Non-web applications such as backend operational systems and desktop commercial applications in use at public companies also showed a poor performance with a 63 percent failure rate when measured against the CWE/SANS Top 25 – an industry standard list of critical non-web application vulnerabilities.
Unlike previous Veracode State of Software Security reports, this feature supplement hones in particularly on the vulnerabilities in the software applications of publicly traded companies, following new SEC guidance issued in the US last year relating to disclosure of cybersecurity risks in company filings.
"Companies – particularly public ones – are beginning to be measured by regulators and investors on the strength of their cybersecurity solution and ability to protect intellectual property and customer data. This is a fundamental shift," said Chris Wysopal, founder, CISO and CTO, Veracode.
"Companies can put all of the other cybersecurity controls in place but if there are application weaknesses, hackers have the will and time to find and exploit them. The issue simply can not be neglected anymore. Over the last year some of the most prominent breaches that were carried out against the most preeminent names in business took advantage of weaknesses in software applications to infiltrate traditional perimeter defence security controls. This should be a wake up call. Particularly in public company disclosures, the issue needs to be discussed in much more detail."
Public companies fare no better than companies at large on software security or developer knowledge: Despite public companies having greater compliance requirements and usually more funding, only 16 percent of public company web applications passed initial testing compared to 14 percent for all companies at large – as measured by compliance against the OWASP Top 10 industry standard. The performance for non-web applications is worse for public companies, with 38 percent passing against the CWE/SANS industry standard opposed to 42 percent from all companies.
Reliance on third-party applications is widespread, but formal risk assessments are not: With many applications being bought as commercial-off-the-shelf applications, custom developed outsourced projects or software-as-a-service, managing the risks inherited from third parties is an important factor. However, only one in five public companies has performed a formal verification on a third-party application, suggesting they are operating under a false sense of security or making an assumption that software procured from third-parties is secure upon entry.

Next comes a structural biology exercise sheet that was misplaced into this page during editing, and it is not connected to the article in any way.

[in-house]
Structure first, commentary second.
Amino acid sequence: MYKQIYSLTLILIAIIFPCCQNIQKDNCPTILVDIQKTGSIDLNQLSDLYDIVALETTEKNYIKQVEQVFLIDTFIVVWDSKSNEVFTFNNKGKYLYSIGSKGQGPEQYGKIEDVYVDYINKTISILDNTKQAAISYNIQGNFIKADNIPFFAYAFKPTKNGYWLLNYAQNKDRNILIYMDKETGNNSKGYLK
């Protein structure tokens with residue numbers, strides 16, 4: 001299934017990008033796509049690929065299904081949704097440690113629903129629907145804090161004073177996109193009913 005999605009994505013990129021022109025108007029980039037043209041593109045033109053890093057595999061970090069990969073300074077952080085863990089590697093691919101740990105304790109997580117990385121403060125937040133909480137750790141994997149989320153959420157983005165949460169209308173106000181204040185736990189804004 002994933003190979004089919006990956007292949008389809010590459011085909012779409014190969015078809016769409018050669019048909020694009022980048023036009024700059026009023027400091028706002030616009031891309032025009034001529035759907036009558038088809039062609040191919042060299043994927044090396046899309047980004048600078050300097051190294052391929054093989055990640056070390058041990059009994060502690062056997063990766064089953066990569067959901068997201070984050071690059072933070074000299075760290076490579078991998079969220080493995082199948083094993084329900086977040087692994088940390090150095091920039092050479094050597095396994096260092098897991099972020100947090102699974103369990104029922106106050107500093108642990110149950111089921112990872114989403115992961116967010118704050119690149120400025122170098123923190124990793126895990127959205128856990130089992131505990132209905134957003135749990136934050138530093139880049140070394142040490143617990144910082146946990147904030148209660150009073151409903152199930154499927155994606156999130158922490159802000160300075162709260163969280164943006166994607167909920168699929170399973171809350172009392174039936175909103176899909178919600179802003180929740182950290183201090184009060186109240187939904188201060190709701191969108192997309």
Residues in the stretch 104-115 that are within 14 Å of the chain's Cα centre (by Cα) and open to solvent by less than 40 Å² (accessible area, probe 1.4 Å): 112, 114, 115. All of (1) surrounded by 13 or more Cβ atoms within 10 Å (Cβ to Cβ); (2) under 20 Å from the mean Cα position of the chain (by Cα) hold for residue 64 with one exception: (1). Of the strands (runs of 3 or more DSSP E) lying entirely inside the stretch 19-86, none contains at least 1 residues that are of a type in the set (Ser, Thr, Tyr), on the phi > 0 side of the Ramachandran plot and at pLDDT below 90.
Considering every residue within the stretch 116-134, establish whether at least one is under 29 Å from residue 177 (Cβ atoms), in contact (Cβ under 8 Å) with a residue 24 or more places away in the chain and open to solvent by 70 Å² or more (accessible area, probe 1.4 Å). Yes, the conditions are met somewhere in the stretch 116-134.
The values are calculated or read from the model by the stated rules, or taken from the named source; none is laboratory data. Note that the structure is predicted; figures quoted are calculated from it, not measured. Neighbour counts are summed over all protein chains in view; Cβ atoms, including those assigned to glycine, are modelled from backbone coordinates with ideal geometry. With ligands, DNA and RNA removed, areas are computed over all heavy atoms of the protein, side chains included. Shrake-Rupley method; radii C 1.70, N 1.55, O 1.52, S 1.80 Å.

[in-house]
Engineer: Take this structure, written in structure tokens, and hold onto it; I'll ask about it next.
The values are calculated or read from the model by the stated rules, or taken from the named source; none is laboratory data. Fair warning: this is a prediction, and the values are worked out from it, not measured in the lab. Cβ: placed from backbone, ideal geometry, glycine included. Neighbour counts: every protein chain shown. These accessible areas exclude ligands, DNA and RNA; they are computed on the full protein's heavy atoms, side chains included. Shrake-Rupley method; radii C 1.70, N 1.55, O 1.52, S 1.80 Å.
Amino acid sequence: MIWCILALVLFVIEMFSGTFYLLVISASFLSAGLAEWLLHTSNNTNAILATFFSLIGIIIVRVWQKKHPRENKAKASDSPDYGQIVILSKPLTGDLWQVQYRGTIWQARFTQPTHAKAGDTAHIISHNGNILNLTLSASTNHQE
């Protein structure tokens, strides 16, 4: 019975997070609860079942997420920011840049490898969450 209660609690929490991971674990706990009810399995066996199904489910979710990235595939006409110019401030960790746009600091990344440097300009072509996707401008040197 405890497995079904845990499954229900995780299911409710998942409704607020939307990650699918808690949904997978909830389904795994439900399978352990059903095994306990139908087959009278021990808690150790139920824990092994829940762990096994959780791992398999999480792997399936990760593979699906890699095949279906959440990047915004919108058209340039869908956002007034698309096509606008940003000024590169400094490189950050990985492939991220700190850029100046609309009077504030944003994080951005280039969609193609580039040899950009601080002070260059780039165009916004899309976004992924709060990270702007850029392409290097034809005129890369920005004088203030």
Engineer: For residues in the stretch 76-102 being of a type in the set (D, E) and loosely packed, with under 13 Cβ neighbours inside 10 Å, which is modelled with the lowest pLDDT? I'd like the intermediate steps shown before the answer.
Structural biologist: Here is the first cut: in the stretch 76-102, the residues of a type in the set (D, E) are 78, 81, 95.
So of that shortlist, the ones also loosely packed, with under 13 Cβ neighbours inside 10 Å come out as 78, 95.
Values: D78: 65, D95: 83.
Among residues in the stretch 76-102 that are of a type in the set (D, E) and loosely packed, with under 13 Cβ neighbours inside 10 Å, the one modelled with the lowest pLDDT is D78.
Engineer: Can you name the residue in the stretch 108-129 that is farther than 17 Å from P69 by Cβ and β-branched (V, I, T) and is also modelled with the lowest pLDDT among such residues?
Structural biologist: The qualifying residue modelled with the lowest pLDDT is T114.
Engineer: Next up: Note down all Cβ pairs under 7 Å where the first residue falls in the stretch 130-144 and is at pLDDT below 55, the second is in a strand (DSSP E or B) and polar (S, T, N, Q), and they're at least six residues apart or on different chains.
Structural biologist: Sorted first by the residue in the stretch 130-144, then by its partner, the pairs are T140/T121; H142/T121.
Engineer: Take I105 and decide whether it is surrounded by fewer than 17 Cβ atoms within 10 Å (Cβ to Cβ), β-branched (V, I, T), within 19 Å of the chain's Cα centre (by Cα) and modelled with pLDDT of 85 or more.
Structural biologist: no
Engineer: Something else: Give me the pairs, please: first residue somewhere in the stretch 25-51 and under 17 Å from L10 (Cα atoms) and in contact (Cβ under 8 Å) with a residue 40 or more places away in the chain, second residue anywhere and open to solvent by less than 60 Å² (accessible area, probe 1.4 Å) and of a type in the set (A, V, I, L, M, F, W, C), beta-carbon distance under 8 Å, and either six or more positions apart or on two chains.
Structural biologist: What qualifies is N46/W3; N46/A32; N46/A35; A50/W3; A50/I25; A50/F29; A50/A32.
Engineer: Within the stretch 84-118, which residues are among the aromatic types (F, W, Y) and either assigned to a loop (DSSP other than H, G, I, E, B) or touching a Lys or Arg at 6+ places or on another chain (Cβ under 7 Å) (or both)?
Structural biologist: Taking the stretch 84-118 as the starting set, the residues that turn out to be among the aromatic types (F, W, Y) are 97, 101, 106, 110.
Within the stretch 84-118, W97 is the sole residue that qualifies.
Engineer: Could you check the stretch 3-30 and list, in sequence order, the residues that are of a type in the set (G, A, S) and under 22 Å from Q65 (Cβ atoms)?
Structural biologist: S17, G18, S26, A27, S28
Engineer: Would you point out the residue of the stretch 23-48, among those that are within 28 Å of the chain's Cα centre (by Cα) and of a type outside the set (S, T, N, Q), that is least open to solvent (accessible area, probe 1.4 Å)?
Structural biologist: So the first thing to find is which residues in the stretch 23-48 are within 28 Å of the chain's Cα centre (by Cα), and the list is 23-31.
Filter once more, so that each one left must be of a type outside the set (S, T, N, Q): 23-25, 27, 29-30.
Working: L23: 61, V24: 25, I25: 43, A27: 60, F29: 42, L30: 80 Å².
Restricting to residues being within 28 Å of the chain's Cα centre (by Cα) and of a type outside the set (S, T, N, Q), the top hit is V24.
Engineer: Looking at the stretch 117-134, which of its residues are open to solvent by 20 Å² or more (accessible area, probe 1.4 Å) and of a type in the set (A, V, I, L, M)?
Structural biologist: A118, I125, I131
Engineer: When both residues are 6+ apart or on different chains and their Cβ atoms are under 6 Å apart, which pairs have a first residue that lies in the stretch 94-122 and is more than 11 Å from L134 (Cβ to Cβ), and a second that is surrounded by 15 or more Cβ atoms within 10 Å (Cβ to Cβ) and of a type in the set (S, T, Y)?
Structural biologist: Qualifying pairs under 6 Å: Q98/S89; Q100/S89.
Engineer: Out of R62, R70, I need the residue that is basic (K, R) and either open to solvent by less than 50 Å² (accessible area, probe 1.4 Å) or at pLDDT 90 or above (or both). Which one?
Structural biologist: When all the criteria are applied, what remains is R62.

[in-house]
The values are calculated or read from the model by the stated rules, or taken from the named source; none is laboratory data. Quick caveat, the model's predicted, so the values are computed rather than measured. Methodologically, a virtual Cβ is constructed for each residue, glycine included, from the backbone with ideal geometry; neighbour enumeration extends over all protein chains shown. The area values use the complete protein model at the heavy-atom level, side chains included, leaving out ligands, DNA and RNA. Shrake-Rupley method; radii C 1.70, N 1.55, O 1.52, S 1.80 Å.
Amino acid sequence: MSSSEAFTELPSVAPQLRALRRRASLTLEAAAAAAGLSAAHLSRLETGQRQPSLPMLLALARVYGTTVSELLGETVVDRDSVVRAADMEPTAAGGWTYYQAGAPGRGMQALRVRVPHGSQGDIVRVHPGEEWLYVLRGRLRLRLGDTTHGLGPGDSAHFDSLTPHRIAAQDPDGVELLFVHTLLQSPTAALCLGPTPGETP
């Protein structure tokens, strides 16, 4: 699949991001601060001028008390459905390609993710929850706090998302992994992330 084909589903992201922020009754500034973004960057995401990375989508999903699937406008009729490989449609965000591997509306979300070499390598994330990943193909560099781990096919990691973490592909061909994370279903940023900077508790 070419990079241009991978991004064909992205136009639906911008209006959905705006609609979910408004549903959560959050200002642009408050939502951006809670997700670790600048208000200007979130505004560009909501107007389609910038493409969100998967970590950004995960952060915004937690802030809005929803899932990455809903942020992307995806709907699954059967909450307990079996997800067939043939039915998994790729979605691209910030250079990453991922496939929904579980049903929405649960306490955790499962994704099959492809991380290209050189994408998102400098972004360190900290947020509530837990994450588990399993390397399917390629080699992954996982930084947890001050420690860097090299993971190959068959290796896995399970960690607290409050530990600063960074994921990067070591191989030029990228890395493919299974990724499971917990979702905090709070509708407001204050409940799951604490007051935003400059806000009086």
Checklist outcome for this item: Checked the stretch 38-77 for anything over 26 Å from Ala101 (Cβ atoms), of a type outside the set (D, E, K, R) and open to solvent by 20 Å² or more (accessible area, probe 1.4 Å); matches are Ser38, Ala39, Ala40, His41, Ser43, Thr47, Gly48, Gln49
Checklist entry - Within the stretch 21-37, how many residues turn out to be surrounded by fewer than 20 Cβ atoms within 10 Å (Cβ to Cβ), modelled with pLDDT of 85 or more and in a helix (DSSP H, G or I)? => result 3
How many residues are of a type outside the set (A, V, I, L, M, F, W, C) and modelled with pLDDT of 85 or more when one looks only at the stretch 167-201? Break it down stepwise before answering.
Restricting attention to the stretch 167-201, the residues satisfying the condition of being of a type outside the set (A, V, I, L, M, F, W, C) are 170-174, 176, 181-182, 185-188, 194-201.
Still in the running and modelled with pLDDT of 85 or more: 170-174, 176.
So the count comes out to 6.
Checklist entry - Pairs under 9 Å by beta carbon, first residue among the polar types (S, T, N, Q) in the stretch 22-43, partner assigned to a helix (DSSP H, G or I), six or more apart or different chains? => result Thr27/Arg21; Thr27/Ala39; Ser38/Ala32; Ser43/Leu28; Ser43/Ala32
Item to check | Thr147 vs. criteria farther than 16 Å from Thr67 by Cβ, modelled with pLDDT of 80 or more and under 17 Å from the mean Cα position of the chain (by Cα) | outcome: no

Flat prevalence rates since 2012: With the two most frequently exploited vulnerability types - XSS and SQL injections - showing a statistically flat incidence rate from the first quarter of 2010 to the fourth quarter of 2011, the results suggest that new vulnerabilities are being introduced at the same rate as known vulnerabilities are being remediated.
Many companies defining custom policy chose to measure applications against PCI: Over 40 percent of public companies who defined a custom policy chose to measure their application against PCI or the OWASP Top 10 standard which underpins PCI. The main focus is on vulnerabilities that are most frequently exploited such as SQL Injection and Cross-site scripting.
This Study of Software Related Cybersecurity Risks in Public Companies captures data collected from 126 public companies over the past 18 months from applications that were submitted to Veracode's cloud-based application security testing platform. These applications include both internally developed and those procured from third-party vendors.
For complete report findings, download a copy of the report (registration required).
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